A BURGER van owner told an unsuspecting customer the police should be prosecuting Muslims, not speeders.
When the customer then refused to read anti-Islamic literature offered to him by the van’s owner, 73-year-old Jim Gardiner, the pensioner refused to serve him, and bluntly told him to “do one,” a court heard.
At Carlisle’s Rickergate magistrates court, former merchant seaman Gardiner, of White Ox Way, Penrith, denied a racially aggravated public order offence on January 24.
He was convicted after a two hour trial.
The court heard how Gardiner’s customer, a landscape gardener, arrived at the defendant’s “Ship’s Galley” burger van on the Gilwilly Industrial Estate in a rush because he was due to take a speed awareness course.
He described how the defendant then began talking to him, saying that such courses were a waste of time. “He said it was the Muslims and Pakistanis in Manchester and London who were the problem, and not people like us,” said the man.
These comments were interspersed with swear words, he said. The man told the court: “I was gobsmacked because I’d just asked for a sausage sandwich. I didn’t know how we’d got on to Muslims and Pakistanis.”
He said Gardiner spoke about Muslim “no-go” zones in Manchester and he had challenged this, saying it was an urban myth. “I didn’t want to talk about it – I just wanted to eat my lunch,” said the man.
He described how the pensioner had then lifted some sauce bottles on his counter, pulled out some laminated sheets of paper, and handed them to him, saying: “Read this if you want to educate yourself.”
When the customer refused, Gardiner told him: “Then you’re in the wrong place if you want food from me.”
Defence lawyer Simon Farnsforth, for Gardiner, asked the customer if he had strong views about religion and Muslims, and he replied: “I have a strong view that everyone is entitled to follow their faith.”
The court heard that in his police interview, Gardiner said he believed that Muslims were taking over and that they hate Christians. He also said he believed not enough was being done to “quell” them.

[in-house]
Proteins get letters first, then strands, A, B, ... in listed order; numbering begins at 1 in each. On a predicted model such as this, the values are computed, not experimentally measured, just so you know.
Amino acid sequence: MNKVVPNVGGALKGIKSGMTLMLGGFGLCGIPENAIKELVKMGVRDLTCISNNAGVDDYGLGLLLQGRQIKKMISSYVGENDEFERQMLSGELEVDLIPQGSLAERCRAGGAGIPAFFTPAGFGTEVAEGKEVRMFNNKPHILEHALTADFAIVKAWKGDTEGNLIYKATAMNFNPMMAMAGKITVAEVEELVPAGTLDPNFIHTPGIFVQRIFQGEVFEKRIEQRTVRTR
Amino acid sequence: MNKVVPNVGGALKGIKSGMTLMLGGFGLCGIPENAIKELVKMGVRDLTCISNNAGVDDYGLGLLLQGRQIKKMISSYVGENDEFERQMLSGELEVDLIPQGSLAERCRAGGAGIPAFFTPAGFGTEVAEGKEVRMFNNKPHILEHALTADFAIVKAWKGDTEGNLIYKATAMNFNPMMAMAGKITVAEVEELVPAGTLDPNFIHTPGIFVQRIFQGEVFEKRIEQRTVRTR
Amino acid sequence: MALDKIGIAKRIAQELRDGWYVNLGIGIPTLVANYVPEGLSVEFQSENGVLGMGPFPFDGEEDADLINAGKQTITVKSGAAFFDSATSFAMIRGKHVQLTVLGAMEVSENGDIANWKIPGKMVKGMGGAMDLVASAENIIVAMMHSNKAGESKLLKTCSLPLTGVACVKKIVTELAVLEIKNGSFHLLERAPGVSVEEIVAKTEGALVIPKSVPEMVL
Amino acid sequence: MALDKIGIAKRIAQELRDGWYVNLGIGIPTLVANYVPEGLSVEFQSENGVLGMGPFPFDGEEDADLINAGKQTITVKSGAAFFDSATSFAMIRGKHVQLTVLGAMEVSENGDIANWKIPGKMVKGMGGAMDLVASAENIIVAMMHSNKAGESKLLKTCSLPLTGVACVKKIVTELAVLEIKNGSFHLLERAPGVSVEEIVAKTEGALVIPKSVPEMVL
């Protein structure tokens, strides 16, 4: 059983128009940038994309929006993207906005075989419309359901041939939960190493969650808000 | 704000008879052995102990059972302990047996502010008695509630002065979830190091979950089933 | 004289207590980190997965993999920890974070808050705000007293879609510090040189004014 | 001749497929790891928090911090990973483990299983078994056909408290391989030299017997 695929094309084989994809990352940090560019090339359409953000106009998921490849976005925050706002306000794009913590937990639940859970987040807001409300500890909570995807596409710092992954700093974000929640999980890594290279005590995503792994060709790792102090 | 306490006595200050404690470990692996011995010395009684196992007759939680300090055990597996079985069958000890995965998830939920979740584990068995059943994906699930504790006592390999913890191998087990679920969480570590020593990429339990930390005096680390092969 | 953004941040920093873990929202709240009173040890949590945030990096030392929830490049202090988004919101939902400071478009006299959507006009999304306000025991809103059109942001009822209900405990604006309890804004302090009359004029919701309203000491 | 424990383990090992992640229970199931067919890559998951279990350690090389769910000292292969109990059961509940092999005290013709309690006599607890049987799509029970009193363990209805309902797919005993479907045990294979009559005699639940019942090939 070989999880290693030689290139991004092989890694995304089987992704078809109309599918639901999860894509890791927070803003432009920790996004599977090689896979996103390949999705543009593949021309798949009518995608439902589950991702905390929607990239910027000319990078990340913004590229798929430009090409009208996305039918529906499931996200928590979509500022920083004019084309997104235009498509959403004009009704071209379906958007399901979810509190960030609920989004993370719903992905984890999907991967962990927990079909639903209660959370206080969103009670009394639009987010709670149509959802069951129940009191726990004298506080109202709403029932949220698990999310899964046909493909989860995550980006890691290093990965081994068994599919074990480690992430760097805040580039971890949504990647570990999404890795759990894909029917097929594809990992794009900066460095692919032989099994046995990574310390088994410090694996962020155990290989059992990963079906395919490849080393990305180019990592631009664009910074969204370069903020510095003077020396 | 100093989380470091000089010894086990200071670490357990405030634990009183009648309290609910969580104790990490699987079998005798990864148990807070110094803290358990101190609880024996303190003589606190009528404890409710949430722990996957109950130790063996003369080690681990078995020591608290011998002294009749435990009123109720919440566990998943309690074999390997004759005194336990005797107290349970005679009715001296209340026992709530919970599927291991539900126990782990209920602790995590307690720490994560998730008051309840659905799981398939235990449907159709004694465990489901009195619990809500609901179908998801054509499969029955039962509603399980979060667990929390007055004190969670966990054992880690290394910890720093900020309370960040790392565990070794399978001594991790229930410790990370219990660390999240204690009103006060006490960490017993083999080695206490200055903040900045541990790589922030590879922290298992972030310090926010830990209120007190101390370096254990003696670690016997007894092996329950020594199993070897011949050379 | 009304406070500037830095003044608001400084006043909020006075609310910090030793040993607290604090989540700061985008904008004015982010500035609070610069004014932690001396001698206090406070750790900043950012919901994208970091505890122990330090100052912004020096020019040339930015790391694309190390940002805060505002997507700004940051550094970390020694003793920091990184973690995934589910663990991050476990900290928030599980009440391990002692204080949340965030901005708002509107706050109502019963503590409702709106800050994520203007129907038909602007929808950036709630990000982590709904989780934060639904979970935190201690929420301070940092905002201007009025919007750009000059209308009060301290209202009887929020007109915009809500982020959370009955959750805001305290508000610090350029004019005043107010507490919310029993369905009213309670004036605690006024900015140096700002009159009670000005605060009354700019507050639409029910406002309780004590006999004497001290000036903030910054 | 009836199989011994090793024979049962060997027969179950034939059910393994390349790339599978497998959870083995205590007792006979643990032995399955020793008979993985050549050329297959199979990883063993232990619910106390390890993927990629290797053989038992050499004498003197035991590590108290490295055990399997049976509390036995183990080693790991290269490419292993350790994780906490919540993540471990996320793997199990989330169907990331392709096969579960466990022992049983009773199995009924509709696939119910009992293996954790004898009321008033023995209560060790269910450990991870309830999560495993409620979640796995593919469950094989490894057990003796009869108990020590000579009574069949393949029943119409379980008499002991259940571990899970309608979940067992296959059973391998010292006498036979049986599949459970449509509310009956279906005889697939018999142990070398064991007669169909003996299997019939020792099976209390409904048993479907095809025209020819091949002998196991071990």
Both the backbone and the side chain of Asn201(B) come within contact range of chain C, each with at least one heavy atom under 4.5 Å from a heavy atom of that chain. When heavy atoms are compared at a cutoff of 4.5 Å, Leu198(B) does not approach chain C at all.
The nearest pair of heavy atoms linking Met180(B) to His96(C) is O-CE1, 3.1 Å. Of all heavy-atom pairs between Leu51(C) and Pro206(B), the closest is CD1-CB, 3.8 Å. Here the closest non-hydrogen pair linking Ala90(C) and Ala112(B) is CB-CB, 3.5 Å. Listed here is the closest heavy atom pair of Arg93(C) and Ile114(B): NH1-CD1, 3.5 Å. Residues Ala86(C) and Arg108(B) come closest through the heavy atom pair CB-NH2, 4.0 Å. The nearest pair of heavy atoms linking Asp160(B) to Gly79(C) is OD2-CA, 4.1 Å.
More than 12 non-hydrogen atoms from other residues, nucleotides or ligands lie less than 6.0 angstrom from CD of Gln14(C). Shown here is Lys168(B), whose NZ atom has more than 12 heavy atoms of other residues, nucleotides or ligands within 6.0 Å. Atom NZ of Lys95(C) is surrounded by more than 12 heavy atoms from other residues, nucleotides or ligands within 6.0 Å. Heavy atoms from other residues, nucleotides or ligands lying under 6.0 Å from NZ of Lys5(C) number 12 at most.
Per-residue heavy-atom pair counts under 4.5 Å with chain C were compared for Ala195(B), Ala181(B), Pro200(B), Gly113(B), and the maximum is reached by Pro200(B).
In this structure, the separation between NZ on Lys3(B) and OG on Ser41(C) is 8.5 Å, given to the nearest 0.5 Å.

Asked what he would do if a Muslim came to his burgher van, he replied: “I’d give them a bacon butty and laugh.”
In his evidence, he confirmed that he had never before been in trouble with the law. He claimed that Mr Palmer seemed “agitated.”
He admitted saying to him: “You’re in the wrong place – do one.” The pensioner went on to claim that “colourful language” was freely used by his customers. “It’s part and parcel of a working man’s life,” he said.
Asked if he had strong views about Muslims, he replied: “I have strong views about Islam.” He agreed that he was very wary of Muslims.
Announcing the guilty verdict and their acceptance of the customer’s evidence, chairman of the magistrates Peter Baird told the defendant that the magistrates regarded the chief prosecution witness as credible.
He said: “It is just not believable that he would make this up, report it to the police, and appear in court for the sake of not getting a sausage sandwich.”
Gardiner was fined £127, with a £30 victim surcharge, and ordered to pay £50 compensation to Mr Palmer. He must also pay £620 prosecutions costs.
After the case, Mr the man who testified against Gardiner said what he said that day had amounted to “hate speech”.
He added: “If he was willing to say that me me, a man in his mid 40s, you have to wonder about the effect on somebody more vulnerable. There should be zero tolerance of any sort of hate speech.
“It just breeds division – and it’s absolutely counter-productive.”
The News & Star checked out Gardiner’s Facebook page, and found it contains numerous lurid and obscene anti-Islamic posts, including one that urged mounted police officers in London to “trample” Muslim protesters to death.